MASON, Ohio -- Andy Roddick developed back spasms during his opening match at the Western & Southern Open on Tuesday, setting up a two-set loss that left questions about his health heading into the U.S. Open.
Later Tuesday, Serena Williams beat Eleni Daniilidou of Greece 6-3, 6-4, overcoming 42 unforced errors as she struggled to get readjusted to a hard court.
Roddick, who has played through a sore shoulder this summer, developed a new concern as he lost to a player who was in the draw as an injury replacement.
He got treatment for his back during the second set of his 7-6 (4), 6-3 loss to France's Jeremy Chardy, who replaced injured No. 9 seed John Isner. Roddick had won all three of his career matches against Chardy.
Roddick said his back started bothering him a few days ago and he aggravated it Tuesday.
"I felt fine early on, and then I had one lunge forehand and ... you know, we have all had it," he said. "The back kind of goes out or spasms a little bit. It got progressively worse."
Roddick won the Atlanta Open in July despite a sore right shoulder. He lost to Novak Djokovic 6-2, 6-1 in the second round at the Olympics, a match that lasted only 54 minutes, but arrived for the tournament in suburban Cincinnati feeling good about his health and his game.
The good feeling didn't last long.
After the third game of the second set, he had a trainer come over to help him stretch his back and shoulders. He managed only one break point during the 1-hour, 33-minute match. Roddick left the court quickly with his head down.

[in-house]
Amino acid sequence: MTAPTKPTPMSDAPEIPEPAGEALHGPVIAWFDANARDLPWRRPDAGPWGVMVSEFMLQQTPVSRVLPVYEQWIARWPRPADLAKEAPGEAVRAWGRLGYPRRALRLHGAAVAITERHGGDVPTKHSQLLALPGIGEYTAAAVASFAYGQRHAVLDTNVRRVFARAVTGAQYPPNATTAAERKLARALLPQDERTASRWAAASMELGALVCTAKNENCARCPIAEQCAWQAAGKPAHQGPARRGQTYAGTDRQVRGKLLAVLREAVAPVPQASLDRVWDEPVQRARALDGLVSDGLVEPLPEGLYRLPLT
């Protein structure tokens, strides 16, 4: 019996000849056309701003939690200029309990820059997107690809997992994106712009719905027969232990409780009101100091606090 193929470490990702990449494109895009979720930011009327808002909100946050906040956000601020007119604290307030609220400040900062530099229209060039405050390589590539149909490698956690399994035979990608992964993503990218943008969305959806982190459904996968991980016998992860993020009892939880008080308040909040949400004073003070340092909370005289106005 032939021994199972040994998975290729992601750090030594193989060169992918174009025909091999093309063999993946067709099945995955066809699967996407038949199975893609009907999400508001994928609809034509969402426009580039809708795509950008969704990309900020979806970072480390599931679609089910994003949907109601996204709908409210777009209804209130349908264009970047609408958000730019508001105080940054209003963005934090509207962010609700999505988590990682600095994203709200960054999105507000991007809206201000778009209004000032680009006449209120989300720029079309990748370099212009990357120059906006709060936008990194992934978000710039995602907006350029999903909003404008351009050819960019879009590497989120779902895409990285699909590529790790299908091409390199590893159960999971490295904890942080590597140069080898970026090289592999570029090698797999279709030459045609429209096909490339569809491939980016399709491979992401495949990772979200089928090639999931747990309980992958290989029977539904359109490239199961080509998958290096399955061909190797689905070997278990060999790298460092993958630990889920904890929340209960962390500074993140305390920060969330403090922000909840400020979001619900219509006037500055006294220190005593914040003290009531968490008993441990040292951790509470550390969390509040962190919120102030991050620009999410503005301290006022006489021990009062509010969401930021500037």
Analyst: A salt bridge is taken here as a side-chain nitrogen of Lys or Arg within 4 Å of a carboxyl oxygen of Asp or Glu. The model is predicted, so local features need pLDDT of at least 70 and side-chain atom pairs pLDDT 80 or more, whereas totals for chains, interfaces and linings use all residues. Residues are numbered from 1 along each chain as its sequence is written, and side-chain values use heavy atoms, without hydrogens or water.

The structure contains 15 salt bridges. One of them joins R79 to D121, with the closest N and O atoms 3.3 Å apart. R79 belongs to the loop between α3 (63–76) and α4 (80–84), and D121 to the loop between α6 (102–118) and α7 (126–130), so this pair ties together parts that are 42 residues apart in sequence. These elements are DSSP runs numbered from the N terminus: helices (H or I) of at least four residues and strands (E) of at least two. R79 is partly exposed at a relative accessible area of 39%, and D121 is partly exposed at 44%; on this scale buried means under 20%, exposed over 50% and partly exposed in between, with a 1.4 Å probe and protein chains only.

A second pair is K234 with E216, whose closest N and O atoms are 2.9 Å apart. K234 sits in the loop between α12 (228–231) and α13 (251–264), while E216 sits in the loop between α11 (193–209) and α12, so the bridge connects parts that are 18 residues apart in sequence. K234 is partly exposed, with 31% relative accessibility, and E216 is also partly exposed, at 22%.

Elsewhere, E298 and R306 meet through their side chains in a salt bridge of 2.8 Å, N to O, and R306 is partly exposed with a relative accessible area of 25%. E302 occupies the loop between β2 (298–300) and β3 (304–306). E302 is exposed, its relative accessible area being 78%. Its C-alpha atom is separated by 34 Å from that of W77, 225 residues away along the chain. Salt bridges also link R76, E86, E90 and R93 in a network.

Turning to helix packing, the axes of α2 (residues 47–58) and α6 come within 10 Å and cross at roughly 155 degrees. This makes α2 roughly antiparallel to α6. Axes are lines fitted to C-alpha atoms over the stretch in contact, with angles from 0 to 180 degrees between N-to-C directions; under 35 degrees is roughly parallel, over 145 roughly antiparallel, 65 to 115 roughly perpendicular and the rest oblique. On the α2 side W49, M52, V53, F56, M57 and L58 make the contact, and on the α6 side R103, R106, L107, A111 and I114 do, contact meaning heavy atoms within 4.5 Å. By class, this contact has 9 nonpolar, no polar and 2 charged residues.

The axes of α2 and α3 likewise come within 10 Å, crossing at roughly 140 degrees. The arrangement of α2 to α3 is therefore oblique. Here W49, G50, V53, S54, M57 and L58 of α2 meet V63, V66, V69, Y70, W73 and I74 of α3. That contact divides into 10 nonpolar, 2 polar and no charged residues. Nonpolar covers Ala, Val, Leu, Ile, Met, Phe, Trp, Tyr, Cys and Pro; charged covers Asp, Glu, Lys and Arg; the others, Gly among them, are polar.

Roddick said his shoulder felt fine. He's not sure if his back will force him to curtail his preparation for the U.S. Open, which starts Aug. 27.
"We will know more in two, three days than we do now," Roddick said. "So it's tough for me to say what side of the fence I'm sitting on. I don't know where I'm going to be in two or three days."
Venus Williams is trying to get in position to make a deep run at the U.S. Open, from which she had to withdraw last year because of an immune system disease that causes fatigue and sore joints. She beat 12th-seeded Maria Kirilenko of Russia 6-3, 6-7 (5), 6-2 in a match that lasted 2 hours, 23 minutes, serving 11 aces.
Along with the Olympic gold medal, it's been a good few weeks for Williams, who is learning how to manage the symptoms of her disease.
"I'm doing a lot better than this time last year," she said. "So much better than a couple months ago as well. I also am learning to deal with everything a lot better. If I wake up and I don't feel great, then I would panic and lose my match 2-1. Now I realize that I just kind of hang in there if I'm not having the best day and still try to get the win."
Based on the past few weeks, Williams likes her chances at the Open.
"So there are a lot of things that have to fall in place for me, maybe more than other players," she said. "But I'm up for the challenge."
Her sister struggled to make the switch from Wimbledon's grass, where she won the Olympic singles gold medal as well, to the hard courts.
"I think I'll be OK just getting that match under my belt," Serena Williams said. "I had (42) unforced errors. That's shocking. It's unprofessional. Hopefully I can clean up my act for my next match."
In other matches, third-seeded Samantha Stosur fell behind 4-0 in the third set before rallying for a 6-3, 6-7 (6), 6-4 victory over Spain's Anabel Medina Garrigues, a match that took 2 hours, 37 minutes.
"I thought, `I can still regroup and close that gap just a little bit," Stosur said. "If you can do that, then you never know what can happen. I got on a roll and managed to squeeze it out."